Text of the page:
Islamabad: (Thursday, January 19, 2012) The current political impasse between various state institutions is now costing the macro-economy of Pakistan in the form of stagnant growth and investment. Several structural issues require government’s immediate attention which includes power and gas sector crises, unsustainable losses of public sector enterprises, rising levels of debt burden and slow progress on tax reforms. Due to lack of forward-looking road map government has been unable to build upon and leverage the rising levels of exports which have primarily ridden on deteriorating levels of Pakistani rupee and rising global prices of Pakistani exports in the previous quarter. The balance of payments may soon come under greater pressure as the time for repayment of IMF dues nears.
This poor macroeconomic milieu has now implied additional burdens on the poor segment of the population. This segment has been particularly hurt by electricity and gas stoppages in the industry, household and transport sectors. The lack of service delivery not only in infrastructure but also in social sectors such as health has implied a reduced quality of life.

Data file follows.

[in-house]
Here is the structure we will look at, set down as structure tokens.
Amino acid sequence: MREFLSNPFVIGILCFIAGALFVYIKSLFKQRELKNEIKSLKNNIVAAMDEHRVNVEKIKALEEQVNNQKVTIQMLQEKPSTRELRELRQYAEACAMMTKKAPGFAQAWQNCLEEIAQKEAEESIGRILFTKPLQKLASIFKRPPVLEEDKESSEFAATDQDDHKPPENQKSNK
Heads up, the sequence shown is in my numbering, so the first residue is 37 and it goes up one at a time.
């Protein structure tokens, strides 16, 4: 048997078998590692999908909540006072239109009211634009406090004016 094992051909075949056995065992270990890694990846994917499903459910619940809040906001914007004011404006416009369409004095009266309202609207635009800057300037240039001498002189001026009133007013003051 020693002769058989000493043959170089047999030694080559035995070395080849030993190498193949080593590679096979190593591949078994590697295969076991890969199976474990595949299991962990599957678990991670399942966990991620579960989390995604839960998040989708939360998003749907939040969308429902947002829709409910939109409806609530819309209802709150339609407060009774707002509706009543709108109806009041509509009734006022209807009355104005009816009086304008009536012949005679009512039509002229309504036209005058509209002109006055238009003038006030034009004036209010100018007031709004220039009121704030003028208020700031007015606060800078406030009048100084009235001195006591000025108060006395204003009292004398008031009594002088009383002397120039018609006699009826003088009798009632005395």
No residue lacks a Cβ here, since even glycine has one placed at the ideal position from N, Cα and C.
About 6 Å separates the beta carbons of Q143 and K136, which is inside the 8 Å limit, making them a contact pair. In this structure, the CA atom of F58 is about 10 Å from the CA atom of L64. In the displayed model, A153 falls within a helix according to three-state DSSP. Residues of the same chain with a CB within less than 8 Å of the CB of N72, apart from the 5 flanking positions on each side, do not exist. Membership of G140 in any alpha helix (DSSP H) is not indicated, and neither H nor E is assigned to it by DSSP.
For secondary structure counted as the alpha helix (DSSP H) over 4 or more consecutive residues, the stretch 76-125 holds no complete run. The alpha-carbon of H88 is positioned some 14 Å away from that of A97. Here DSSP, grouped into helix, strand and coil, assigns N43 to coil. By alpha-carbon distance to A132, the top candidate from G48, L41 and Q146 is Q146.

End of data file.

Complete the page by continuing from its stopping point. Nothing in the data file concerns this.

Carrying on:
Going forward it seems that the government will face some key economic threats which include: rising debt burden, pick up in global oil prices, reduction in exports (due to continued energy constraints) and a further free fall in the value of currency. All these are expected to adversely affect inflation. Sadly due to the ongoing political and administrative crisis it seems that these economic issues are not on government’s radar.
To have a deeper insight into this political-economic crisis, Sustainable Development Policy Institute (SDPI) is going to organize a Seminar on Monday, January 23. The said seminar will be chaired by Dr. Abid Q. Suleri, the Executive Director of SDPI, while key speakers for the event will feature Dr. Ashfaq H....